Von-Neumann-centric Computing: unaffordable soon ?

KEYNOTE SPEAKER: Reiner Hartenstein, Professor, TU Kaiserslautern

With respect to the future affordability of our entire computing ecosystem, Reiner Hartenstein will address 3 different key issues. Faster than predicted years ago, we see the impact of climate change. A key factor seems to be carbon emission, primarily from power plants, so that we should reduce the number of plants required.

Another important issue is the high cost of energy. A study [Mark. P. Mills] estimates that almost 30% of all electricity consumed in the US goes into all kinds of computers, visible or embedded, and might go up to 50% some years later. The upward trend of the crude oil price (having reached 164 dollars by July 2008) reminds us, that the operating cost of
our entire computing ecosystem might become unaffordable within a few years: another reason for trying to reduce the number of power plants needed.

Again another important issue is the strategic change of the microprocessor industry by stopping the GHz race, kicking off the many-core programming crisis which threatens to stall further progress to affordable higher performance computing: „from growth industry to replacement industry“, [Dave Patterson]: „Methods for supporting many-core could reset microprocessor hardware and software roadmaps for the next 30 years.”

A fully von-Neumann-based approach can never be the solution to cope with the many-core programming crisis, nor with the growing energy cost. Low Power IC design techniques will play a role in this situation. However, methods to cope with the von Neumann syndrome by software to configware migration promise a drastically better reduction in power consumption and promise speed-ups to drastically higher performance – both promises
by up to several orders of magnitude.

Because of the enormous burden by legacy software, we cannot fully switch quickly to a disruptive paradigm shift. We need a twin paradigm approach, based on computing wisdom mostly having been ignored by our curricula for
decades - except by the scenes of Reconfigurable Computing offering the highly promising twin brother of the von Neumann paradigm.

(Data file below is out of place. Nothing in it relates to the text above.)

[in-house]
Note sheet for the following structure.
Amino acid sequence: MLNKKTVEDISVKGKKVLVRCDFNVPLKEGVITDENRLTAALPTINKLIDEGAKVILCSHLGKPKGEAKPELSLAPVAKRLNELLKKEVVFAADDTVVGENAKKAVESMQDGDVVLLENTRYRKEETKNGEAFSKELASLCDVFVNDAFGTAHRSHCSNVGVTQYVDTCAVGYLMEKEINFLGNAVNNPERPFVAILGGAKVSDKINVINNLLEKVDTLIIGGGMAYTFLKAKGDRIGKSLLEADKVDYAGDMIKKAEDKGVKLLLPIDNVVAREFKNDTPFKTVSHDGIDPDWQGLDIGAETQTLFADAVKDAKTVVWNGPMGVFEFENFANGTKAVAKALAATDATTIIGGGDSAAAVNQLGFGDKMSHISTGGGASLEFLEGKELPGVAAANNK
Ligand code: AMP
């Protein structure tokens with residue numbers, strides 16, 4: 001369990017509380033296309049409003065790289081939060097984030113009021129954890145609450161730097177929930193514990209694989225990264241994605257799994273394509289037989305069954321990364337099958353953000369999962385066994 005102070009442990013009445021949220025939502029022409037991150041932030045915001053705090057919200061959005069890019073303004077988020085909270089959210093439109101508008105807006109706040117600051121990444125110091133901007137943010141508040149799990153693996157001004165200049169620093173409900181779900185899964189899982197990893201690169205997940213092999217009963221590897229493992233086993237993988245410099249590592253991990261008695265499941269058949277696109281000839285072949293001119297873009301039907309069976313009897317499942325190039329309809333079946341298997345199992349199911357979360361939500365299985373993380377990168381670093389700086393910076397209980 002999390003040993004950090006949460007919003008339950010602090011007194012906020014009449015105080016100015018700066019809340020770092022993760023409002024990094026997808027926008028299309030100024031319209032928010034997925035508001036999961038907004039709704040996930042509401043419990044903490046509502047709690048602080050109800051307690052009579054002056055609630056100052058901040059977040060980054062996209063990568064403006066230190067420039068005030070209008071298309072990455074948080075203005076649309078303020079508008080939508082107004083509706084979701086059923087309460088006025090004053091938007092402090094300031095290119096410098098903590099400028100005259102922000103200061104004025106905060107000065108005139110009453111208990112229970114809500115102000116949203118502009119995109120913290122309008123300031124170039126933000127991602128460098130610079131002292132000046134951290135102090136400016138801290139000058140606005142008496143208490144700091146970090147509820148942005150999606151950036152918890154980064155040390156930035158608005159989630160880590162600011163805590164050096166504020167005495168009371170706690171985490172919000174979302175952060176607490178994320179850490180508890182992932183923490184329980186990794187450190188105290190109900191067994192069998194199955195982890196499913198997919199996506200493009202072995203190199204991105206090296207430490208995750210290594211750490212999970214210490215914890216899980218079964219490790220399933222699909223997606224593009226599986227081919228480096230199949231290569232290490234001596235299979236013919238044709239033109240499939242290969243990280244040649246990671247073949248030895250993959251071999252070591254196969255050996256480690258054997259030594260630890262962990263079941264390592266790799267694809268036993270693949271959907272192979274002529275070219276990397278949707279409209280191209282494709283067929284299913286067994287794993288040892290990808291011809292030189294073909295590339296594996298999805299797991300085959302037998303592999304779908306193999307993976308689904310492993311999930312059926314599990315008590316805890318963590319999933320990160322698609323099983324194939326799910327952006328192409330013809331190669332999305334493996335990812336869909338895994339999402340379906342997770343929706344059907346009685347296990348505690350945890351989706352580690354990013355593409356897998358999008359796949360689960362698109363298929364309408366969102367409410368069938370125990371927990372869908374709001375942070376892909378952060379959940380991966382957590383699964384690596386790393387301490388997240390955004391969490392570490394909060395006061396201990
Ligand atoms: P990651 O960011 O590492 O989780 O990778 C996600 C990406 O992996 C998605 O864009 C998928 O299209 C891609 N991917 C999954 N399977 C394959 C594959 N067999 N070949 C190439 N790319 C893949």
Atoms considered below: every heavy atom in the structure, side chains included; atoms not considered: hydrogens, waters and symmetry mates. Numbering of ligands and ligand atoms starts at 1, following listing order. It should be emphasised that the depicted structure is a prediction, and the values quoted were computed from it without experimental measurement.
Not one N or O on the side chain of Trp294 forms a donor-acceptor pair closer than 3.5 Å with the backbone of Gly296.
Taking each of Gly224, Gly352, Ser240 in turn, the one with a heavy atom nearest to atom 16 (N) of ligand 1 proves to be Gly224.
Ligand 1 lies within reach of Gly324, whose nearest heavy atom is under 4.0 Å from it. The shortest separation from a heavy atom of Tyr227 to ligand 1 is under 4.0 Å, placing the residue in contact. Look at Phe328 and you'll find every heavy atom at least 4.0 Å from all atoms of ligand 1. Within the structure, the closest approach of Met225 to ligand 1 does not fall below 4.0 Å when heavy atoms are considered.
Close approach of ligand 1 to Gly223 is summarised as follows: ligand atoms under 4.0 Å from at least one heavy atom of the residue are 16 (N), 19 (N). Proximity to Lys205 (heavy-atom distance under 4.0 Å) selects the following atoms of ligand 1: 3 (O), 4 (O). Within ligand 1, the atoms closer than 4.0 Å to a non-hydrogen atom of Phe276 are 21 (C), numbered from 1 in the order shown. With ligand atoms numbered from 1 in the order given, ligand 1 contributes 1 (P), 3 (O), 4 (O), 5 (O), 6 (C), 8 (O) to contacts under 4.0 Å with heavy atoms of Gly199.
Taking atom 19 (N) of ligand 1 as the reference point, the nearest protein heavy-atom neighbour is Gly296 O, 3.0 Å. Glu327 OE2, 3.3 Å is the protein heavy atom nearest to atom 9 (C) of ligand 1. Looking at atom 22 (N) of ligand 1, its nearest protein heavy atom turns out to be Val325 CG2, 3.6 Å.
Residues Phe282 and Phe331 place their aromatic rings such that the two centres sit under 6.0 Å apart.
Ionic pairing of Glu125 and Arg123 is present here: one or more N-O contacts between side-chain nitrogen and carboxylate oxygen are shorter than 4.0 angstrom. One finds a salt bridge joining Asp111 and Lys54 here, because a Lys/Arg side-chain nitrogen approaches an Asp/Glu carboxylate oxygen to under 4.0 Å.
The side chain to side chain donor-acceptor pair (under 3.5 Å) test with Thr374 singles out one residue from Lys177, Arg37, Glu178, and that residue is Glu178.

The talk illustrates, why this approach has a drastically higher potential to solve the problems mentioned above, and proposes related models to cope with our CS education dilemma. This whistle blowing talk calls for a run-away computing revolution causing a quick and strong educational impact as known from the VLSI design revolution a la Mead & Conway. We all must stick together to avoid a disaster of historic dimensions.

Reiner Hartenstein received all his academic degrees from the Faculty of Electrical Engineering at the Karlsruhe Institute of Technology, Germany, his diploma in 1959 and his Dr.-Ing. degree in 1969.

He is professor at TU Kaiserslautern and was visiting professor at UC Berkeley. He is consultant and authorized expert and referee on  on Reconfigurable high Performance Computing. In research he is credited to be the father of HPC Reconfigurable Computing.

Hartenstein is pioneer of structured VLSI design and author of the hardware language KARL, the trailblazer of VHDL and Verilog. He is founder of three, and co-founder of two more successful international conference series, as well as founder of the Multi University VLSI Design „E.I.S. Projekt“, the German contribution to the Mead-&-Conway VLSI design revolution.

He is IEEE life fellow, SDPS fellow, FPL fellow, and recipient of several other awards He has published 14 books and more than 400 technical papers and has given numerous talks, including more than 200 invited talks and more than 20 keynote addresses.